Grief and defiance as nine detained in connection with Reyhanlı bombings
Turkish Interior Minister Muammer Güler (L) and Deputy Prime Minister Beşir Atalay visited injured in the Reyhanlı State Hospital on Sunday. (Photo: AA, Ömer Yıldız)
Authorities detained nine Turkish citizens believed to have links to the Syrian intelligence agency in connection with two car bombs that left 46 people dead in a Turkish border town, officials said Sunday, with Deputy Prime Minister Beşir Atalay telling press that all nine suspects have confessed to organizing and carrying out the attacks.
Condemnations continued to flow on Sunday in the wake of twin car bombs that killed 46 people and wounded many more on Saturday in Reyhanlı, a district of the southern province of Hatay, with nine people being detained in connection with the attack and the Syrian regime pointed to by authorities as the number one “usual suspect” for the tragedy.
All nine detained are Turkish citizens and include the alleged mastermind.
The attack was one of the deadliest in the country in recent years. Thirty-five of the 46 dead were Turks and three Syrians. Autopsies are being carried out on the remaining victims. As many as 100 people were injured in the attack.
One of the car bombs exploded outside the city hall while the other went off outside the post office in the town of Reyhanlı, a main hub for Syrian refugees and opposition activity in Turkey's Hatay province, just across the border.
According to police sources, five of the captured suspects are members of the terrorist Revolutionary People's Liberation Party/Front (DHKP/C) while the remaining four are members of the Acilciler (“Urgent Ones”), a splinter faction of the Turkish People's Liberation Party/Front (THKP/C) operating in the border provinces of Turkey. The suspects are accused of helping the bomb-laden vehicles enter Turkey.
In initial comments, Prime Minister Recep Tayyip Erdoğan condemned the attack.
“I would like to send a message to my brothers in Reyhanlı. We have recently launched a settlement process [to address the conflict in the Southeast] and those who cannot digest this new period and the atmosphere of freedom in our country could be involved in such attacks.”
“Another sensitive issue is that Hatay province [where the explosions occurred] is on the border with Syria; these actions may have been taken to provoke those sensitivities,” he said.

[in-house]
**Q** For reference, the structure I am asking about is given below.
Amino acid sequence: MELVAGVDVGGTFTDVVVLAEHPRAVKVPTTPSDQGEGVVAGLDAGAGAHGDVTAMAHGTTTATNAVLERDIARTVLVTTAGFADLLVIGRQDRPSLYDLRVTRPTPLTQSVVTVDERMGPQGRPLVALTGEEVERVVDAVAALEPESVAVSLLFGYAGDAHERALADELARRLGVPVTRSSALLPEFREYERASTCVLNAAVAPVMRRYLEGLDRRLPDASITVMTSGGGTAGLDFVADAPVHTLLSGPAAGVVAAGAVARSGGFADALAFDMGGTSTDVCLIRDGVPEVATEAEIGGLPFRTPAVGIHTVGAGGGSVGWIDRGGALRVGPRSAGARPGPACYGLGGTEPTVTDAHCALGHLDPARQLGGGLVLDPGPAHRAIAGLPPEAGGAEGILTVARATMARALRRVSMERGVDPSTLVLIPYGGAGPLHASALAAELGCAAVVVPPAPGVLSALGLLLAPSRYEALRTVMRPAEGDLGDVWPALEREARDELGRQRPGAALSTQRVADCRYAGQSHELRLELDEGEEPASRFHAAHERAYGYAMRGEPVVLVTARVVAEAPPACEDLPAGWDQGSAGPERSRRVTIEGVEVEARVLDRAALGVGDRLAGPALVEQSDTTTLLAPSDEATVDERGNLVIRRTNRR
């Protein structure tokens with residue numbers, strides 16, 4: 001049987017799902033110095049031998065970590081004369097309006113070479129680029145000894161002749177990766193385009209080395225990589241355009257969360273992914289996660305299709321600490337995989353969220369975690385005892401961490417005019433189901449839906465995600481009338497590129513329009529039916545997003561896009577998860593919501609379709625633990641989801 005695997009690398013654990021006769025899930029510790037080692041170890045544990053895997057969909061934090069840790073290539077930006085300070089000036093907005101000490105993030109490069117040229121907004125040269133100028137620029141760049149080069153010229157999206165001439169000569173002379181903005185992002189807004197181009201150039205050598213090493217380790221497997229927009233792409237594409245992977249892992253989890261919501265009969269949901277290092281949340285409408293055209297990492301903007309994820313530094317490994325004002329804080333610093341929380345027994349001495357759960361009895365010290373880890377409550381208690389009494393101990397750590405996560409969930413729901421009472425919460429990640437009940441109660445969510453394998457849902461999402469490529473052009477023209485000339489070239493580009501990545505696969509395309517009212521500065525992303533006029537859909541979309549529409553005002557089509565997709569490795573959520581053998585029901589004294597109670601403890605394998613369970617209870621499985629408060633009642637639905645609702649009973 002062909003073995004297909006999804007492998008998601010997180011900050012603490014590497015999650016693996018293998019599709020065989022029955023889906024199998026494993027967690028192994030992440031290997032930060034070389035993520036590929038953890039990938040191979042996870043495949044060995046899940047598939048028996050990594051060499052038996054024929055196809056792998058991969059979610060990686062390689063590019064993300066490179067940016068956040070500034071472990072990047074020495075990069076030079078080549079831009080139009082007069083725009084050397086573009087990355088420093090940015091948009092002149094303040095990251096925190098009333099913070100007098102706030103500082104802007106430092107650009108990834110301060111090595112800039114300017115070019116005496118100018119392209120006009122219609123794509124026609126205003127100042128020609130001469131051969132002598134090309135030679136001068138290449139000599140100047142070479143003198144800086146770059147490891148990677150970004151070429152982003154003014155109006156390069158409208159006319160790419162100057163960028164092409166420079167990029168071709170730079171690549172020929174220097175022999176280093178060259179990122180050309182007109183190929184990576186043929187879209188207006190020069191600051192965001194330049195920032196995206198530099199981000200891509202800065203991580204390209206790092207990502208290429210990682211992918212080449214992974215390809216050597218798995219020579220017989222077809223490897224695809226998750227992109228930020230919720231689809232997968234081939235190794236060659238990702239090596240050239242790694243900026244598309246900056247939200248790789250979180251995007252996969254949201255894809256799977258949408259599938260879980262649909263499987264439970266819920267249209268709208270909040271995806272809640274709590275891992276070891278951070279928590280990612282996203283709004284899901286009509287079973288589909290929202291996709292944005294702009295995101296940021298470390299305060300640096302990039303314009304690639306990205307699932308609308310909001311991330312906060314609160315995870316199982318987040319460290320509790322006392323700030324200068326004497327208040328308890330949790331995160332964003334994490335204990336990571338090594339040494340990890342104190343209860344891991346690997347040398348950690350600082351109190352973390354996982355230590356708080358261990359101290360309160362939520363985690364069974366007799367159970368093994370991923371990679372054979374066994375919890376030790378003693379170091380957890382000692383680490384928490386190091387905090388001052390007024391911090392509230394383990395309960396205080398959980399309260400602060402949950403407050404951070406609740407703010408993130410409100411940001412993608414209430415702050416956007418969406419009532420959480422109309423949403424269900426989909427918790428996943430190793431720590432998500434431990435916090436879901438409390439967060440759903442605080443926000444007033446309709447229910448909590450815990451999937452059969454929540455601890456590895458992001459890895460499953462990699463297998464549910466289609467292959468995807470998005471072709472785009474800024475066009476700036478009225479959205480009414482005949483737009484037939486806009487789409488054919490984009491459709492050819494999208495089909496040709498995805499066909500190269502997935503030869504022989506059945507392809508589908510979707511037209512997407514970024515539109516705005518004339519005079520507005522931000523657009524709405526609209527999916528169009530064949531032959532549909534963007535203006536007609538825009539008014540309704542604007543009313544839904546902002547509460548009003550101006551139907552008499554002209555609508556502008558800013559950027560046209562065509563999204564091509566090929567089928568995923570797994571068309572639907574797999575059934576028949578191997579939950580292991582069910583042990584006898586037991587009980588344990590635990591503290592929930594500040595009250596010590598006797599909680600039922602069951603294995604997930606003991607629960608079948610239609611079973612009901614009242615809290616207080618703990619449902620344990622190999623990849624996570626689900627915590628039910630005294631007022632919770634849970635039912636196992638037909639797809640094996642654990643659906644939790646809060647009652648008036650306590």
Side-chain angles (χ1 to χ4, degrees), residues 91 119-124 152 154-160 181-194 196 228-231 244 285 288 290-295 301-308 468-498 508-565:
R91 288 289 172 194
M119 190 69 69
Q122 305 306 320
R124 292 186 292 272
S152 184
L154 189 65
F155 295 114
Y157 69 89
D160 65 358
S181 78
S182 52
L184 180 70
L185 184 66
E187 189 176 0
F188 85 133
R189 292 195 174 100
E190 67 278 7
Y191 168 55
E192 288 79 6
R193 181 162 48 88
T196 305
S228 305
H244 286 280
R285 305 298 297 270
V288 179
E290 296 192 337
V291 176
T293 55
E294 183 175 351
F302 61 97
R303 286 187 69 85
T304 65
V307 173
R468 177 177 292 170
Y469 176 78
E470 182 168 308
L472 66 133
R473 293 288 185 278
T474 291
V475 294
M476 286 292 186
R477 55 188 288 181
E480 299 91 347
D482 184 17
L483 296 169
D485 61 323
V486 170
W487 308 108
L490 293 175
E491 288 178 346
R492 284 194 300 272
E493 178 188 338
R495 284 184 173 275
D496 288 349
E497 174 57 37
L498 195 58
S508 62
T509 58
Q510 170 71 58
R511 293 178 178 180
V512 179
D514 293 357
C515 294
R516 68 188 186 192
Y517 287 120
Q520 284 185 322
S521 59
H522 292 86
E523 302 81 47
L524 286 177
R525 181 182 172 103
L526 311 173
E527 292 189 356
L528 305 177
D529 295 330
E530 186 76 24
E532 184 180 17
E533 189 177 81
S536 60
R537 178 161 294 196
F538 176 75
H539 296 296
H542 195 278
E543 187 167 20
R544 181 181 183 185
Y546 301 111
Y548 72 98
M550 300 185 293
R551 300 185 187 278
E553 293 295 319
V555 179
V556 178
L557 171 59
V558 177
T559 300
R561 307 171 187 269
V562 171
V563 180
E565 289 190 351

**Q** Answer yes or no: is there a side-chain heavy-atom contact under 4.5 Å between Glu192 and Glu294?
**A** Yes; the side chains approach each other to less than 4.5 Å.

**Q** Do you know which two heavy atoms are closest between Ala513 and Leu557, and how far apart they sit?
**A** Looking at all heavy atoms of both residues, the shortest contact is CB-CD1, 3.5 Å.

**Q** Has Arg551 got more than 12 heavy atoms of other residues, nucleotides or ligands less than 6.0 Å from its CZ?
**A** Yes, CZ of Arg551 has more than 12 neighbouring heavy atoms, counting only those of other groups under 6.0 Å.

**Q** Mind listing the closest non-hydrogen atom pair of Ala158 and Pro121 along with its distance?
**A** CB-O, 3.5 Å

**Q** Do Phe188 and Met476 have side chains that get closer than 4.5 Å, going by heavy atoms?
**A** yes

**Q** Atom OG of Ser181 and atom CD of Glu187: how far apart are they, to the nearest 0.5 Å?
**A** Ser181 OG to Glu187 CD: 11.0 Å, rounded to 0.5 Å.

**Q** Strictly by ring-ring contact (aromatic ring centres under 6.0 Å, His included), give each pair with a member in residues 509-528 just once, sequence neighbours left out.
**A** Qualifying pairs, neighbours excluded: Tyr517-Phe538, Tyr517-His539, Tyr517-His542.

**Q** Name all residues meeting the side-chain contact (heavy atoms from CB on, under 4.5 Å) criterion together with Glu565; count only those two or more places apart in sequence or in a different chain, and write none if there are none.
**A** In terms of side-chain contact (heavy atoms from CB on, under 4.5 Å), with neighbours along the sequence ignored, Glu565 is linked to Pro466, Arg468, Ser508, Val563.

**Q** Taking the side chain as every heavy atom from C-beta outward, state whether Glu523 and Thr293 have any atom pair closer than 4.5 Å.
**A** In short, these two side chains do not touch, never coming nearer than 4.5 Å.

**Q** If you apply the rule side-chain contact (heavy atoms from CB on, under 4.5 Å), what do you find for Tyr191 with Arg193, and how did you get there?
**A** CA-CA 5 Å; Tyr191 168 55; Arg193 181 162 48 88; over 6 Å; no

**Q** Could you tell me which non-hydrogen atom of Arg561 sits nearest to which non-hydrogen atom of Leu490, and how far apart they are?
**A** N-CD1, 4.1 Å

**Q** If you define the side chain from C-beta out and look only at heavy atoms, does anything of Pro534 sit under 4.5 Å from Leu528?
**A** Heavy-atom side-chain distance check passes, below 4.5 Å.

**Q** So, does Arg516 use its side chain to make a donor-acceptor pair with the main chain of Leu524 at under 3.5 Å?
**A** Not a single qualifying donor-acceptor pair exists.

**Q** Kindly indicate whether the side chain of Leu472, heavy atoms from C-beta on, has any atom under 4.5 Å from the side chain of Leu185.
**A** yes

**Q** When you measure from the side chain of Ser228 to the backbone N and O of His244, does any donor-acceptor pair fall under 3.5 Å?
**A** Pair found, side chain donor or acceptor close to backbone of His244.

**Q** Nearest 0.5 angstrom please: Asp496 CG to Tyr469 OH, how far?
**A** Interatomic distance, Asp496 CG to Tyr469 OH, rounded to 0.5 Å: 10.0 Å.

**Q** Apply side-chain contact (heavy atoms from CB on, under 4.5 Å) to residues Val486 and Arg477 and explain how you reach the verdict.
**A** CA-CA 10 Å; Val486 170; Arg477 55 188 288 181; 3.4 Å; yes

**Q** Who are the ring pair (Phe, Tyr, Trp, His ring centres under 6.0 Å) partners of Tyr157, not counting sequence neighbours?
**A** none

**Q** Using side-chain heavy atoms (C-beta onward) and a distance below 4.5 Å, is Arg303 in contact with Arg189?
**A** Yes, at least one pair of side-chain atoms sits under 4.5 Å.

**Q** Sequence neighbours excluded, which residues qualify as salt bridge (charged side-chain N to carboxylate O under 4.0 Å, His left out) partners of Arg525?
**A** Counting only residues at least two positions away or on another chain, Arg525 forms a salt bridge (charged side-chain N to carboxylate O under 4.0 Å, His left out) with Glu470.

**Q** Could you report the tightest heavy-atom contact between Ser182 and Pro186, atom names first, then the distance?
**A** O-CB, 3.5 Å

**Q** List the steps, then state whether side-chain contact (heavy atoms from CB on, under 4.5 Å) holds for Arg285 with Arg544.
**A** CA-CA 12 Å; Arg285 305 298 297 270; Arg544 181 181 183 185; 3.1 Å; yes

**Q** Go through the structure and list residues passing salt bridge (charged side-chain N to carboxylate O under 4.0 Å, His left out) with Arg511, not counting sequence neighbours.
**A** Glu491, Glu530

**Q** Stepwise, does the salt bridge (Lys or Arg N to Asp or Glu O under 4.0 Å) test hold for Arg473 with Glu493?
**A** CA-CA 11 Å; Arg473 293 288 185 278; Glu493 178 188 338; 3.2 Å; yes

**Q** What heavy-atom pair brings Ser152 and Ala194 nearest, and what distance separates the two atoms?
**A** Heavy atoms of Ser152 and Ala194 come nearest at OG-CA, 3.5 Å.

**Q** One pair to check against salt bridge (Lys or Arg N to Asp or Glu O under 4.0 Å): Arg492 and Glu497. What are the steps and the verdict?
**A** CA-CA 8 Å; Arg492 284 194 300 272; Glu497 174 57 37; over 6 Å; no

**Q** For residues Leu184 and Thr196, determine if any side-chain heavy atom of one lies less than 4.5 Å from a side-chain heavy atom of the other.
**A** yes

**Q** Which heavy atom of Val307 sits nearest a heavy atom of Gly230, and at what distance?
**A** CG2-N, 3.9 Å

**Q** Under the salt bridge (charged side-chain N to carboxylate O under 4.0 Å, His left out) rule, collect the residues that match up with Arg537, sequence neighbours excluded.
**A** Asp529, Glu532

Many government officials blamed the attack on a group linked to Syria. Interior Minister Muammer Güler called the neighboring country's intelligence service and military the “usual suspects.” “This incident was carried out by an organization that is in close contact with pro-regime groups in Syria and I say this very clearly, with the Syrian Mukhabarat [intelligence agency],” he said, adding that 735 shops, 62 vehicles, 120 houses and eight government offices were damaged in the explosions.
Deputy Prime Minister Beşir Atalay said initial findings suggest the attackers came from inside Turkey, but had links to Syria's intelligence service. “We have to a great extent completed our work toward identifying the assailants,” he told reporters. “We have established that the assailants have links to the pro-regime al-Mukhabarat [intelligence] organization.”
Syria, however, denied that it had a hand in the bombings.
The death toll rose throughout the day as many of the injured were critically wounded. Twenty-five of the some 140 injured are in a critical condition. At least 100 kilograms of TNT explosives were used in the attack.
The bombings increased fears that Syria's civil war was crossing over to its neighbor and that Turkey was being pulled deeper into the conflict.
President Bashar al-Assad's government was the “usual suspect,” Deputy Prime Minister Bülent Arınç said. “A detailed investigation is ongoing to find out the perpetrators of the bombing. The bombings will be illuminated in the shortest time possible and their perpetrators will be brought to justice.” He also said “Turkey would do whatever is necessary” if it is proven that Syria is behind the attack.
The bombs exploded in crowded streets near Reyhanlı's shopping district in the early afternoon, scattering concrete blocks and smashing cars in the town. Restaurants and cafes were destroyed and body parts were strewn across the streets. The damage went at least three blocks from the site of the blasts.